Broadwood pianos were dated from 1780 until 1805, and less frequently until about 1809.
This gives us a nearly gap free dating of Broadwood squares.
Clementi picked up with the second series and continued as below.
There is some confusion as to exactly which dated pianos match to given serial numbers due to the following problem: When Clementi took over, they continued the numbering scheme established by Longman and Borderip, and continued to stamp this number in the left-hand cheek well as with earlier pianos.
Style and construction are strong indicators of the general period a piano was made.
The earliest pianos are all petite in appearance, generally shallow in case height, and less than 5 feet long.
A typical early name plaque Atypically, James Longman had a tradition of NOT putting the date on the name board, such that Longman and Lukey/ Longman and Broderip are typically undated.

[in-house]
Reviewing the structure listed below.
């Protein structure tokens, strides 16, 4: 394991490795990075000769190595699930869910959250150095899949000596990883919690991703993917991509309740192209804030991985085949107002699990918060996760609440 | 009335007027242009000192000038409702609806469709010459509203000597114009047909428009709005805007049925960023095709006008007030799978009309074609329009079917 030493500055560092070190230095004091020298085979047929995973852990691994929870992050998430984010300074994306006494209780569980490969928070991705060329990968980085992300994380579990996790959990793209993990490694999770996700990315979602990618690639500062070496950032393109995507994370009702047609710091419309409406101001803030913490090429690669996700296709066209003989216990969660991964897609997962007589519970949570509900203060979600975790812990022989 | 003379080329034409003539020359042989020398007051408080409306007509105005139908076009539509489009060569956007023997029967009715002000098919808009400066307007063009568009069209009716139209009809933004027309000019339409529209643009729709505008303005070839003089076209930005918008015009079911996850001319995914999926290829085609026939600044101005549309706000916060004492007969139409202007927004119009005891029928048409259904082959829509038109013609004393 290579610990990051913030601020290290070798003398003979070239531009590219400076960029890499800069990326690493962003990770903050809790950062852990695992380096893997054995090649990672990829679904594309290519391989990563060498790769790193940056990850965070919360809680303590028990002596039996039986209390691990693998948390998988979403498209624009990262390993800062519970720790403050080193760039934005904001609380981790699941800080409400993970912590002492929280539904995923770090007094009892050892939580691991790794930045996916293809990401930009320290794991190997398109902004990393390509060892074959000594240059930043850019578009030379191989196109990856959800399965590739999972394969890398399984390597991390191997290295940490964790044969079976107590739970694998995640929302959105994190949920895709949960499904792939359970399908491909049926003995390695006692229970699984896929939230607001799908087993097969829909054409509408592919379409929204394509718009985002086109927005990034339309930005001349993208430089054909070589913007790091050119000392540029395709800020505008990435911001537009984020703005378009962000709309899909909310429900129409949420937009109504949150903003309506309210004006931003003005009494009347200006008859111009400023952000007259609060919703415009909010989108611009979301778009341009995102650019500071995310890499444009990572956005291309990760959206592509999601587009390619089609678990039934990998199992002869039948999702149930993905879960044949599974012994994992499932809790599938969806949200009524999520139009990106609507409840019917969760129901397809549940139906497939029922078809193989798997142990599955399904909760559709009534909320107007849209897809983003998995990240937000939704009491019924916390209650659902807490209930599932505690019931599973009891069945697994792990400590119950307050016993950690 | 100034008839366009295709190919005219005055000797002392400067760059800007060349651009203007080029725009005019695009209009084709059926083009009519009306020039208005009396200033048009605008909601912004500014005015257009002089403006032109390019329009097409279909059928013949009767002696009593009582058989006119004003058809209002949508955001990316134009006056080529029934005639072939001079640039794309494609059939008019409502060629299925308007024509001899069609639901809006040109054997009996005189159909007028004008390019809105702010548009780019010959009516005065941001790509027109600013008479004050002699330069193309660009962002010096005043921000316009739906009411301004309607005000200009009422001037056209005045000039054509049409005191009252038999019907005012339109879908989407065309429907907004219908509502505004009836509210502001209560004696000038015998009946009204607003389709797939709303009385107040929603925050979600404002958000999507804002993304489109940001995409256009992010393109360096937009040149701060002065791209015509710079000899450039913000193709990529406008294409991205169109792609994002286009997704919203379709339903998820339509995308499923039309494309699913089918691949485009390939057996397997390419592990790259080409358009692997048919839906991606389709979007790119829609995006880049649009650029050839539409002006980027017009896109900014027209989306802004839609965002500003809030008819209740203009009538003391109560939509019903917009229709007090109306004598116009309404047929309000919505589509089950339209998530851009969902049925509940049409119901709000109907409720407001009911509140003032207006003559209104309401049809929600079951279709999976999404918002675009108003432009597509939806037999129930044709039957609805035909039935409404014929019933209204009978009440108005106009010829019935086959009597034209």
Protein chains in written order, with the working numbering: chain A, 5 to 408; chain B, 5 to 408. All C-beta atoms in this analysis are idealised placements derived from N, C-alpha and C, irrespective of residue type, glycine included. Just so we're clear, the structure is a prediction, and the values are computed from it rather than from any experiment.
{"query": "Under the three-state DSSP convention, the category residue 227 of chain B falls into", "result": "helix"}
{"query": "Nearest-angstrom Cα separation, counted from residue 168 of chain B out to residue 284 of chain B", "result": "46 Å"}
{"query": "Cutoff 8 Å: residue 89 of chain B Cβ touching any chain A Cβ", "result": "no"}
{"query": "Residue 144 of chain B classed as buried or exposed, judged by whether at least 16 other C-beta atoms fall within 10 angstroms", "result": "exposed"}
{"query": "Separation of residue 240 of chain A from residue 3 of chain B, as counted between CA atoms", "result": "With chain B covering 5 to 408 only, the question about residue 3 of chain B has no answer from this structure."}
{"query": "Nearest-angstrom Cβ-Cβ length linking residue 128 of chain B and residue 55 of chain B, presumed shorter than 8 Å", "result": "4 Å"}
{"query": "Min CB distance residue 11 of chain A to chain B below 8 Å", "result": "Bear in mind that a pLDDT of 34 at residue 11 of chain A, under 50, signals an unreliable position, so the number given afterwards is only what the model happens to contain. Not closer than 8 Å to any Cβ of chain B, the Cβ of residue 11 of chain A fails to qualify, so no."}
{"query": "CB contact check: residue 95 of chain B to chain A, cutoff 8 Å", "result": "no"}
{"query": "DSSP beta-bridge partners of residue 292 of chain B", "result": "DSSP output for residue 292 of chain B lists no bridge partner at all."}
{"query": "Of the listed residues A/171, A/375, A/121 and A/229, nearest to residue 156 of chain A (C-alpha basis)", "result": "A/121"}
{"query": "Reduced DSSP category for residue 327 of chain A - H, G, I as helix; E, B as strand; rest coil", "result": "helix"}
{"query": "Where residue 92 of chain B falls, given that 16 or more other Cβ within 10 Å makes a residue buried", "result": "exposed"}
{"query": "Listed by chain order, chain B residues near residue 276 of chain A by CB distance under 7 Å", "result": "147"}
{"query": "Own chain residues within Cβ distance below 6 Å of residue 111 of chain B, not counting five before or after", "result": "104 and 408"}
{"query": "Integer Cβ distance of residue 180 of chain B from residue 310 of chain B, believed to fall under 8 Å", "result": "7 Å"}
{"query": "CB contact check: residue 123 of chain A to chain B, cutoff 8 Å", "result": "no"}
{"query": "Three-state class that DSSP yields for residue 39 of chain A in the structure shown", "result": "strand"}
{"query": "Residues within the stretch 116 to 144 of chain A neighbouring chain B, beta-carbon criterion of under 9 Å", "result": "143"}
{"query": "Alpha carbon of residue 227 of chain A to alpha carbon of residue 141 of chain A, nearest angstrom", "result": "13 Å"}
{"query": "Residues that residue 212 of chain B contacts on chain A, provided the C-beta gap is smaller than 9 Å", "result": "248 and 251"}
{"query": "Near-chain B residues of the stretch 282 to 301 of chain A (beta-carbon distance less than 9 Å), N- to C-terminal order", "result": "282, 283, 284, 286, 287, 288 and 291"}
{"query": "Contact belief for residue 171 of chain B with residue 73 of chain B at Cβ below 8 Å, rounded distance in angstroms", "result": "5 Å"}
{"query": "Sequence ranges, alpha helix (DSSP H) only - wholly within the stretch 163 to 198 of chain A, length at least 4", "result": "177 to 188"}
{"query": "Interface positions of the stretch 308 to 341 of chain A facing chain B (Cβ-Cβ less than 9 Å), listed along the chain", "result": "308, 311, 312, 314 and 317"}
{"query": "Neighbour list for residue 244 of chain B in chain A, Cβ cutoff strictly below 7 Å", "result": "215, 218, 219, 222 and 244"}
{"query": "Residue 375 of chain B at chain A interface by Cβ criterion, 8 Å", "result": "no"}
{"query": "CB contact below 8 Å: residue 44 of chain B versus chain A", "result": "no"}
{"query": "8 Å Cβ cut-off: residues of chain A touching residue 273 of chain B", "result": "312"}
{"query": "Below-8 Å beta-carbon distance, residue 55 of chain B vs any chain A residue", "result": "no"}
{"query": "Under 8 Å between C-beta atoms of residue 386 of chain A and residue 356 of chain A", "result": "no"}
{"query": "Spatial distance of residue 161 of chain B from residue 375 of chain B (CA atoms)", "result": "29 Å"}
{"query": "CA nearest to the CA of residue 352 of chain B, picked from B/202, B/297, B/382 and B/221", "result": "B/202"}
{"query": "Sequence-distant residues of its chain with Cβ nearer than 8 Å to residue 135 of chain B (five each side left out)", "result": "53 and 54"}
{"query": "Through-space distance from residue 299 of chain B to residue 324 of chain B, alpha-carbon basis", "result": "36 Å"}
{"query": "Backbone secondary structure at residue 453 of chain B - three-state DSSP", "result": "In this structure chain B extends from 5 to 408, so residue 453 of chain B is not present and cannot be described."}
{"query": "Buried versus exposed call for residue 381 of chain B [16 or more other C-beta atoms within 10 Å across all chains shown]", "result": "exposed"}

Only in their last two years of production do we find L&B pianos occasionally with the date of 1796. A second general style sat the piano on a “French Frame” or apron stand that fully enclosed the bottom edge of the piano, and often allowed a lower shelf for music or similar.
With the understanding that the information presented here is subject to refinement and updating, we will begin with a few of the better known firms and move to the lesser known pianos as information builds up.Turned legs replaced square tapered legs, and added embellishments of brass collars, turned and reeded, teardrop shapes, etc. 2011, SN 15123, so ~1821, with 4 original legs), returns to four legs, turned or octaganol in shape, which would continue in Europe until the end of square piano production.American pianos would move into ornate cabriole carved legs, sometimes with astonishing designs.Occasionally other legs styles were also used such as pedestals, lyres, and other fanciful leg shapes.In addition to style, we can sometimes further refine our dating from the serial number that may be on the piano.